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A look at the WTC Haikus short film

As the name infers, the film WTC Haikus is actually very short. At 14 minutes, it is a bit longer than a 17 syllable poem, but not by much as it would be the perfect analogue for the cinematic world. The film was created by Jonas Mekas, who will turn ninety this Christmas, and is known to most as the Godfather of American avant-garde.

The WTC in the film’s title stands for the World Trade Centre which is fitting since Mekas moved from Lithuania to New York where he has lived for over sixty years. The film is on show at the London Serpentine Gallery and will easily take away the breath of most viewers.

The film is projected up on the wall and visitors are able to see faded figures wonder through Manhattan. Within the fourteen minutes you see a windswept woman smile from the Staten Island Ferry during the eighties, a New York crazy in a hat with a house plant growing from it, people eating watermelon, kids playing in Central Park, and even a quick shot of Andy Warhol who was a friend of Meka.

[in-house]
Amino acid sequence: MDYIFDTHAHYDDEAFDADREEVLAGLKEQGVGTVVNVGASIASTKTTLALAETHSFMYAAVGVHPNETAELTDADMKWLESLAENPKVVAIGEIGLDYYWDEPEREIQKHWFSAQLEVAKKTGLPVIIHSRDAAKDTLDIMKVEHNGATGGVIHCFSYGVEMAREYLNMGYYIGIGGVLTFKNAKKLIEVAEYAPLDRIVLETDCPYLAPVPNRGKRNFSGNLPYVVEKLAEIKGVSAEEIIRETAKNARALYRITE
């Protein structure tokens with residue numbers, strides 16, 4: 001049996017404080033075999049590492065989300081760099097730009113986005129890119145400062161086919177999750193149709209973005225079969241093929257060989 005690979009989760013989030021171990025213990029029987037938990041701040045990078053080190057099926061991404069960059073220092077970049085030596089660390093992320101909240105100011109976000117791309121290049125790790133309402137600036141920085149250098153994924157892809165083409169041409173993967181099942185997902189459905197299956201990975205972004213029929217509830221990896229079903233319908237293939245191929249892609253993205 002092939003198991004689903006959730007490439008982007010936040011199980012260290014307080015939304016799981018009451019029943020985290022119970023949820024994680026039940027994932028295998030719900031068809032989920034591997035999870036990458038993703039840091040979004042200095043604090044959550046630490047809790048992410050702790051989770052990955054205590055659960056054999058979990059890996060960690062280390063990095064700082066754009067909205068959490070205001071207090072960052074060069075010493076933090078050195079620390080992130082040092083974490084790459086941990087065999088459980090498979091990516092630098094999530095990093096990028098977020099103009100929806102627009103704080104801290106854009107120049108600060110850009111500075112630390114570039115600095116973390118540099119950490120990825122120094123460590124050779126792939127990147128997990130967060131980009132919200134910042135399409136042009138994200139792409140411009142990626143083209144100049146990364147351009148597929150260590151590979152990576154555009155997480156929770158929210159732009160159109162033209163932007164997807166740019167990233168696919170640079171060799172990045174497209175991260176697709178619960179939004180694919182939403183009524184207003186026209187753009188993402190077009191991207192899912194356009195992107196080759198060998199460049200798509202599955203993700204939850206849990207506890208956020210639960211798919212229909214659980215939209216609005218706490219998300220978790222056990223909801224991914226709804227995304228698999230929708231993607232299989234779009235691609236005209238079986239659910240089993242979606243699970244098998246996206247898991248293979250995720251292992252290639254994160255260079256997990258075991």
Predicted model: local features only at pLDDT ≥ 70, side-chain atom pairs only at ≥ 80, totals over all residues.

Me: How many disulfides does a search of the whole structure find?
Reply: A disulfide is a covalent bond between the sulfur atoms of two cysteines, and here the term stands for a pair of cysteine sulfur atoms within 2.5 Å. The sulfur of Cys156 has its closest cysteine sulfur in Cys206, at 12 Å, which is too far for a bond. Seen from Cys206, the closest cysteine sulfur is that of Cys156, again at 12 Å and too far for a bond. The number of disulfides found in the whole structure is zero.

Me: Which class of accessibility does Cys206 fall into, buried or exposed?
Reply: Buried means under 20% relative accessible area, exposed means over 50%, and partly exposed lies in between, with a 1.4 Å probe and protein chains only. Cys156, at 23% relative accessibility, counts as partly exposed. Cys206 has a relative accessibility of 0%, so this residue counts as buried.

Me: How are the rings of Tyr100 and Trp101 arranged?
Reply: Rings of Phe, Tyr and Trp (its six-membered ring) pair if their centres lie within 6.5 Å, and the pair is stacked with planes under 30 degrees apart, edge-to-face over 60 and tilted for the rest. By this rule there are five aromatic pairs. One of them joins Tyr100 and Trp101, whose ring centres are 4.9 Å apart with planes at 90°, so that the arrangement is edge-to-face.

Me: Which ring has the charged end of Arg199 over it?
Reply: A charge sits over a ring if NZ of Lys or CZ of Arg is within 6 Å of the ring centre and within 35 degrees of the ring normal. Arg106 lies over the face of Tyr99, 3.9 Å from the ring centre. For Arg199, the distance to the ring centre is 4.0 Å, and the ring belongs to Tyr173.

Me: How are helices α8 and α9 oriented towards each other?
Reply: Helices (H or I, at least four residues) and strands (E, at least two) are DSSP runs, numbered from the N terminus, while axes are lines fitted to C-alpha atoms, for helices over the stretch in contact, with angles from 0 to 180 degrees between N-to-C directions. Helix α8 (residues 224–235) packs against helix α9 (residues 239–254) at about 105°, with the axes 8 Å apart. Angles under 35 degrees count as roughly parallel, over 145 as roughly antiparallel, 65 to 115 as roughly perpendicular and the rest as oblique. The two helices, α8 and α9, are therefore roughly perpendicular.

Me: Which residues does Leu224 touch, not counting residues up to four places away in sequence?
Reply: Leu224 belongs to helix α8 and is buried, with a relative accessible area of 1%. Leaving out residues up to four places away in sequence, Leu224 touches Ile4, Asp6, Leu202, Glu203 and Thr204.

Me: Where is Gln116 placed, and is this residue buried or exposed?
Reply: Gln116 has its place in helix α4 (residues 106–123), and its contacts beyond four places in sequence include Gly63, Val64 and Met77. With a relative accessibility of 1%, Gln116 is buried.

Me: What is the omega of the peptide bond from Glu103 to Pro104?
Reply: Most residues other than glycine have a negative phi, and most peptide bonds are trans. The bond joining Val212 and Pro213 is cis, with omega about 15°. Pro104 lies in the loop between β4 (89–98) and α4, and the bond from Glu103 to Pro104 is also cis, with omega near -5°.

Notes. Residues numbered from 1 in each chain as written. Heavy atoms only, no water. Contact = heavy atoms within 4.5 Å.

While the scenes may seem ecliptic and docile, what is noticeable is that fact that behind all of the scenes are the twin towers before they went down. Sometimes blurred, sometimes sunlit, it is unmistakable that they still ruled the sky line when the footage was shot.

Although the film may have been composed just two years ago, the actual film that was spliced together to create it was shot over the past 28 years allowing viewers an innocent look at the Twin Towers taking them back to a time when they meant something else then they do today and that is the magic in the exhibit.

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